The New Yorker could rerun Peter Steiner’s famous 1993 cartoon of one dog talking to another without revision.
Online, the problem Steiner points to still exists. An undeniable difficulty in reliably establishing online identity, or trust in another netizen without some kind of validation from a third party like a bank or government.
Beyond this you have a separate problem; the very intermediaries acting as a ‘trusted’ third party have built business models exploiting this position to utilise personal details for commercial gain.
Both point toward an overall loss of faith consumers have in the media industry.
Edelman’s Trust Barometer survey for example, surveys tens of thousands of people across dozens of countries and found that ‘media’ in 2017 had taken its biggest ever year-on-year hit and is distrusted by 82% of the countries surveyed.
It’s likely this is political.
False news stories generated more engagement on the social network than election stories from 19 major news outlets combined including The New York Times, The Washington Post, The Huffington Post, NBC News and others.
BuzzFeed released a story late last year showing that false election news articles outperformed real news on Facebook during the final months of the Presidential election.
These false news stories generated more engagement on the social network than election stories from 19 major news outlets combined including The New York Times, The Washington Post, The Huffington Post, NBC News and others.
Tumbling trust was not helped in March either when a WPP-backed agency published a report that brought to the fore the uncomfortable truth surrounding ‘Bot fraud’. It suggested that figures as high as $12.48bn, almost 20% of the $66bn spent on digital advertising globally every year is fraudulent.
Bot fraud, simply put, is where fraudulent players game the system in a way that alters measurements favourably. Its sophistication has evolved over time, but perhaps most concerning is the use of bots to create fake impressions on higher-end content. It’s a medium with the highest CPM, and therefore most lucrative for those behind it.
Creating a new trust protocol
Leaders such as The & Partnership founder, John Hornby, upon publishing the bot fraud report implored Google and Facebook to “stop marking their own homework.”
He called for transparency and a display of arms among the industry to come together in target of the problem. This is one approach. An entire industry rallying together to rebuild trust whilst sharing the blame between them. It is worth noting these cries were heard by the techopoly, with Facebook (any day now) set to allow anyone to see any ad run by any organization.
There’s also another approach. One less reliant on profit pursuing organisations drinking their own kool-aid: Blockchain. Blockchain could replace all the nastiness that comes with untrusting third-party intermediaries and replace it with an insurmountable trust machine. In 1997 Nick Szabo wrote a short paper called “The God Protocol,” a twist on the Nobel laureate Higgs Boson’s work in physics called the “The God Particle.”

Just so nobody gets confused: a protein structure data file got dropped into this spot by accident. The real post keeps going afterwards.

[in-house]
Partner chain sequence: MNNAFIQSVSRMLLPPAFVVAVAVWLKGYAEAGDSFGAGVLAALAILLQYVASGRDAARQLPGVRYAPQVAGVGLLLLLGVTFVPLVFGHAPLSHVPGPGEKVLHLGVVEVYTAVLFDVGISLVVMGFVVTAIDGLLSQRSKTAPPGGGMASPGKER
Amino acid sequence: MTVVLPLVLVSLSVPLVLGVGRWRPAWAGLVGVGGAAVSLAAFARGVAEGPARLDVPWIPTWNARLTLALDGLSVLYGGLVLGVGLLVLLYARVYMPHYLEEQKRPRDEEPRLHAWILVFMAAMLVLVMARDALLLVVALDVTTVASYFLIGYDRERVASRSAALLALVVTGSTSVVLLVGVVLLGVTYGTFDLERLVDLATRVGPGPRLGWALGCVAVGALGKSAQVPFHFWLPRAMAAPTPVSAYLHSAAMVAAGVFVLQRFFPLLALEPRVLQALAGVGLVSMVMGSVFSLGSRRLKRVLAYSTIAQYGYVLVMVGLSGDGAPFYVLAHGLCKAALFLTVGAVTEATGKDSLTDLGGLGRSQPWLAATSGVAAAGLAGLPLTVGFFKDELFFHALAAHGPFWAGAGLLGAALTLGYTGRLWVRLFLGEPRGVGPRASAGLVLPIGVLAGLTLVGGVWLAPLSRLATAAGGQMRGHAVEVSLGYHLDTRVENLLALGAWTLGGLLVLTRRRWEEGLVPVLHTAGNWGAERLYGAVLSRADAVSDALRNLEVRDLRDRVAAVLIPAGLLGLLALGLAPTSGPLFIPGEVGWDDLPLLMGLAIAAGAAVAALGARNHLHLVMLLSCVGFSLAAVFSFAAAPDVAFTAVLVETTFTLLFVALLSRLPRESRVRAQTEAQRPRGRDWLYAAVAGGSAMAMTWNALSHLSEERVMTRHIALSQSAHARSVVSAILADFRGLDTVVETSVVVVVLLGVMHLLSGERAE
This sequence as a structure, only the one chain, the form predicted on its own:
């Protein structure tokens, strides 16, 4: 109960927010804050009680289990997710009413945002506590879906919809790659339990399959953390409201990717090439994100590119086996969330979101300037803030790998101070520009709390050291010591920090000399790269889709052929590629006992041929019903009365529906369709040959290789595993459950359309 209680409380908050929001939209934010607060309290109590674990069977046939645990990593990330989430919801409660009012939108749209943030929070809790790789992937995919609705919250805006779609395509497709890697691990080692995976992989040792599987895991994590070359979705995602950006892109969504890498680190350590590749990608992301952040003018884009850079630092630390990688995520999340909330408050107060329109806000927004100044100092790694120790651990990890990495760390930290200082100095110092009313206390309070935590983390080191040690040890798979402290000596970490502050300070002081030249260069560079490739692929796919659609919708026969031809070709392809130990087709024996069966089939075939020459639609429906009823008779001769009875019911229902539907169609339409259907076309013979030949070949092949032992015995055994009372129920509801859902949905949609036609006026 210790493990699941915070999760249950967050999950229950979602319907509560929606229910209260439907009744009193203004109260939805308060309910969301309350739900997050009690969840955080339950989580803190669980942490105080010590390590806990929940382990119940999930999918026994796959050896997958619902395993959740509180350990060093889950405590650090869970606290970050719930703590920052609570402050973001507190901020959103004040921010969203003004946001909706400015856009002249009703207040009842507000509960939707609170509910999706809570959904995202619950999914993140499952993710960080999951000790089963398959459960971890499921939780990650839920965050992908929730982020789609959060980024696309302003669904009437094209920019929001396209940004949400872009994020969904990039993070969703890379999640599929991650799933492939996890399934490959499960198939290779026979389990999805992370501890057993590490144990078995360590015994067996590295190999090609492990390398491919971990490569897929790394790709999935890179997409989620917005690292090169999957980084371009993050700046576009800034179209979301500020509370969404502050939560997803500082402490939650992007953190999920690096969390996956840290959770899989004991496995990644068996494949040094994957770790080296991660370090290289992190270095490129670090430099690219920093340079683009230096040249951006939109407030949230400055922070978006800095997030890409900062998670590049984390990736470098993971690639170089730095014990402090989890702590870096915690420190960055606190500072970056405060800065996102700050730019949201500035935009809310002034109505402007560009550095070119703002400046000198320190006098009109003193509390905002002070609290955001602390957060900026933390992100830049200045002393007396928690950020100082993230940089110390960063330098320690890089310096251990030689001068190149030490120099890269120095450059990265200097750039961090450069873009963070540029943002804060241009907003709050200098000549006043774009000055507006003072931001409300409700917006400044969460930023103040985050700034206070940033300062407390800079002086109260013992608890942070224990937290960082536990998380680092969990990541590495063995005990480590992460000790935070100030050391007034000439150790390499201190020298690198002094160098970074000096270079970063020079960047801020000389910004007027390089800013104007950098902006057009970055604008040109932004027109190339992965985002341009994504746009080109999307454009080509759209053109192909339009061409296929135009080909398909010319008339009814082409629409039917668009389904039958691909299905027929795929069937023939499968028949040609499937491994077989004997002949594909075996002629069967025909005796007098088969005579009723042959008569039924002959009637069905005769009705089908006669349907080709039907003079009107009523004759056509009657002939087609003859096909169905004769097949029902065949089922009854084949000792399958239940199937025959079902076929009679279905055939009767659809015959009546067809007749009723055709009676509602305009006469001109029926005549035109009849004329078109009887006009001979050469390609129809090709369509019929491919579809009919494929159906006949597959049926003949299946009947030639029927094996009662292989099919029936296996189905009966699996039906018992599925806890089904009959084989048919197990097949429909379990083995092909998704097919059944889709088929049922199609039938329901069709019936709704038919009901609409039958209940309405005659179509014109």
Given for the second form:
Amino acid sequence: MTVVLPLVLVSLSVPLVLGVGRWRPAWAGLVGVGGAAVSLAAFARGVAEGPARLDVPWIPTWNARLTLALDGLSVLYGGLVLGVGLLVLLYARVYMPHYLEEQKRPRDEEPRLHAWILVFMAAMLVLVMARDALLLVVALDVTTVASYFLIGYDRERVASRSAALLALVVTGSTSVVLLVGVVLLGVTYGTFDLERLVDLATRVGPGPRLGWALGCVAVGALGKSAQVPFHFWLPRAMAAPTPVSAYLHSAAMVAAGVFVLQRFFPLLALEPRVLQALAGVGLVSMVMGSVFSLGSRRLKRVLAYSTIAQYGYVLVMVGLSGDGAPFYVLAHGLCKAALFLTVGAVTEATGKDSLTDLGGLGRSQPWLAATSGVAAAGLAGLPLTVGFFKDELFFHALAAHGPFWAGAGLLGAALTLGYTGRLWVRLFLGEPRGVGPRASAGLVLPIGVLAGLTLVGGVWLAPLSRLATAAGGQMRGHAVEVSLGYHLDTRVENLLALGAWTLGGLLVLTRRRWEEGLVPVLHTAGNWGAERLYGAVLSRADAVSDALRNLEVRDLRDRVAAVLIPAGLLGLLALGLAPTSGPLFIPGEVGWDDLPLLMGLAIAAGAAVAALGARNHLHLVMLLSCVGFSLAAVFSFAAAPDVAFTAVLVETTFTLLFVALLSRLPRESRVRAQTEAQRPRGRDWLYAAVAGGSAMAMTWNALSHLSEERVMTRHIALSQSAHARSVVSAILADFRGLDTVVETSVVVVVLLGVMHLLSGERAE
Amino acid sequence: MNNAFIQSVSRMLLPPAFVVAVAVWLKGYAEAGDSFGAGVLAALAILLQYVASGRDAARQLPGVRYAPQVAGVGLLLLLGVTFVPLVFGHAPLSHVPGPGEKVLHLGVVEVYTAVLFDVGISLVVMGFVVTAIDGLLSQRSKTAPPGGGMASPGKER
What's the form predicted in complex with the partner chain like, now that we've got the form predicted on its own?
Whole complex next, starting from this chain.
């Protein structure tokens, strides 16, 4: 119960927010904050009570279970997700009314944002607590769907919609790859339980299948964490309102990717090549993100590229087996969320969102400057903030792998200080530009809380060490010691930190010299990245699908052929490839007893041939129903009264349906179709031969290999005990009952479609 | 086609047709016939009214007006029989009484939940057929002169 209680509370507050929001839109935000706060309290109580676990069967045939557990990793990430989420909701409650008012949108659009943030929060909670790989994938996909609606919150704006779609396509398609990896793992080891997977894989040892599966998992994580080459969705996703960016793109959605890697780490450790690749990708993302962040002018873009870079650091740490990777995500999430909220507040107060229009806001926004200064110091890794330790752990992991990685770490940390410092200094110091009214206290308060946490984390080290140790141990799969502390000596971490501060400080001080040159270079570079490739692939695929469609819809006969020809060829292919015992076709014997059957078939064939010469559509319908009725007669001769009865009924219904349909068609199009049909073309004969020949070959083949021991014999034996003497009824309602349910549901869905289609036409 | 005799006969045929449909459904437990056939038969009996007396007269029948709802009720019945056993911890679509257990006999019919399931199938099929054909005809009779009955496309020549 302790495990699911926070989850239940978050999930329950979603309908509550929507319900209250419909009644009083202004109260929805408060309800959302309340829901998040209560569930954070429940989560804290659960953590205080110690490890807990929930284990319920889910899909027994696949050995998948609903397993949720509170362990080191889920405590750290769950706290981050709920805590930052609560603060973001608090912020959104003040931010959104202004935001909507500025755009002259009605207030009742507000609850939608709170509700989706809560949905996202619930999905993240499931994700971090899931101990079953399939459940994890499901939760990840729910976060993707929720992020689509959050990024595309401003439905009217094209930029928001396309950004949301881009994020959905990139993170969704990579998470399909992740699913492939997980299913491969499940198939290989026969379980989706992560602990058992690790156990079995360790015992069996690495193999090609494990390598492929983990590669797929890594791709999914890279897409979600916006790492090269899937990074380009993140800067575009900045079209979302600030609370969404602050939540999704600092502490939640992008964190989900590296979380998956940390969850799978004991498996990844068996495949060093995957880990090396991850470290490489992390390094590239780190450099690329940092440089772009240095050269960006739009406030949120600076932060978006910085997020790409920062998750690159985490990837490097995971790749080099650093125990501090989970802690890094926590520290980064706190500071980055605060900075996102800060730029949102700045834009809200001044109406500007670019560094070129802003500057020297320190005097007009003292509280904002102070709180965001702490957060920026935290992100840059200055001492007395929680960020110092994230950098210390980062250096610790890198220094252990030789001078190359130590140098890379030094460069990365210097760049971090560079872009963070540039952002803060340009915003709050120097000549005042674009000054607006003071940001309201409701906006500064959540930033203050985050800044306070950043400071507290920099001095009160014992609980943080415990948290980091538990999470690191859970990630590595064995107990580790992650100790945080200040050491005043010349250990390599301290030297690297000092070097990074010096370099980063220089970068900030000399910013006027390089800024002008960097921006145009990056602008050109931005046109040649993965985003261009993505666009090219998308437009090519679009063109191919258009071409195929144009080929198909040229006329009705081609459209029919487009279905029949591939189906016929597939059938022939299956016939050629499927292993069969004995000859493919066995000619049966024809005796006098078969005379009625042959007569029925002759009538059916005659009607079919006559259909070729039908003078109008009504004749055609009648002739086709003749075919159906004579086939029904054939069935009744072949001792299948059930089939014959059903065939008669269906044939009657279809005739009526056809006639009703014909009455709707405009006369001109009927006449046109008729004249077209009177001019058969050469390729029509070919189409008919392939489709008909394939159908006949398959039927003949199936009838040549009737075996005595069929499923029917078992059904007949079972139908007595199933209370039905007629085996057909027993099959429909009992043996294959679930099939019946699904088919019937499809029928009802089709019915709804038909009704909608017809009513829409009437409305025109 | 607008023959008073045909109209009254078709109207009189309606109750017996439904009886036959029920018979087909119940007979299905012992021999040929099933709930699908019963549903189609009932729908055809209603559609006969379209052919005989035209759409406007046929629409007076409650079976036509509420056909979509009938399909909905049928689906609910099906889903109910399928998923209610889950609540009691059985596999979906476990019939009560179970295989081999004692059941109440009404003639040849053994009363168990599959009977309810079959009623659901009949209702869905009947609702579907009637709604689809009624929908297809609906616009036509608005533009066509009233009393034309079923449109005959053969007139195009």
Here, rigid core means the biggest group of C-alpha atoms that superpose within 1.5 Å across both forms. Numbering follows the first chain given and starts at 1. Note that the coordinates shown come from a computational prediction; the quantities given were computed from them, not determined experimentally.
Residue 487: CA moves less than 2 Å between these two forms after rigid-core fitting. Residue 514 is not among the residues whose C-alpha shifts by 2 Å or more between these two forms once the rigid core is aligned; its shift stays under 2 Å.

Szabo describes the creation of a be-all-end-all technology protocol, one that designated ‘God’ as the trusted third party in the middle of all transactions.
He wrote “All the parties would send their inputs to God. God would then reliably determine the results and return the outputs. God being the ultimate in confessional discretion, no party would learn anything more about the other parties’ inputs than they could learn from their own inputs and the output.”
What Szabo was describing nearly 20 years ago is the very foundation of Blockchain technology. And today, it’s implications are the manufacturing of trust through a few lines of code.
Essentially it is a ledger that possesses two critical features. One is that every record created is permanent and lasts as long as the Blockchain does. Second, is that the ledger is distributed between every participant in the Blockchain, with each user maintaining a complete copy.
Through Blockchain protocol it is possible for every person to know exactly what is and isn’t true. This could clear up questions like: has my information been used beyond what I have said it can be used for? Or has this banner ad been viewed by a real person, or a fraudulent bot?
The initial areas of scope are fraud, measurement, discrepancy reconciliation for billing purposes, financial transactions, and validation of advertising resources and assets. But this is early days.
What adChain enables is multiple parts of the industry to work together, from agency, to publisher, to marketer, through a manufactured trust protocol.
In mid 2017, Digiday wrote of MetaX and the Data & Marketing association launching adChain, an open protocol on the Ethereum Blockchain that tags a piece of creative and “follows it to make sure someone sees it, determining who it was as well as what actions were taken afterward.”
What adChain enables is multiple parts of the industry to work together, from agency, to publisher, to marketer, through a manufactured trust protocol. adChain is just one of many use cases.
The author of ‘Blockchain Revolution’, Alex Tapscott, a seminal book on the subject says “there are few technical barriers. Blockchain has proved itself robust and adaptable to dozens of high-impact use cases. Companies to develop compelling enough applications so that it can make a real impact. This is already happening.”
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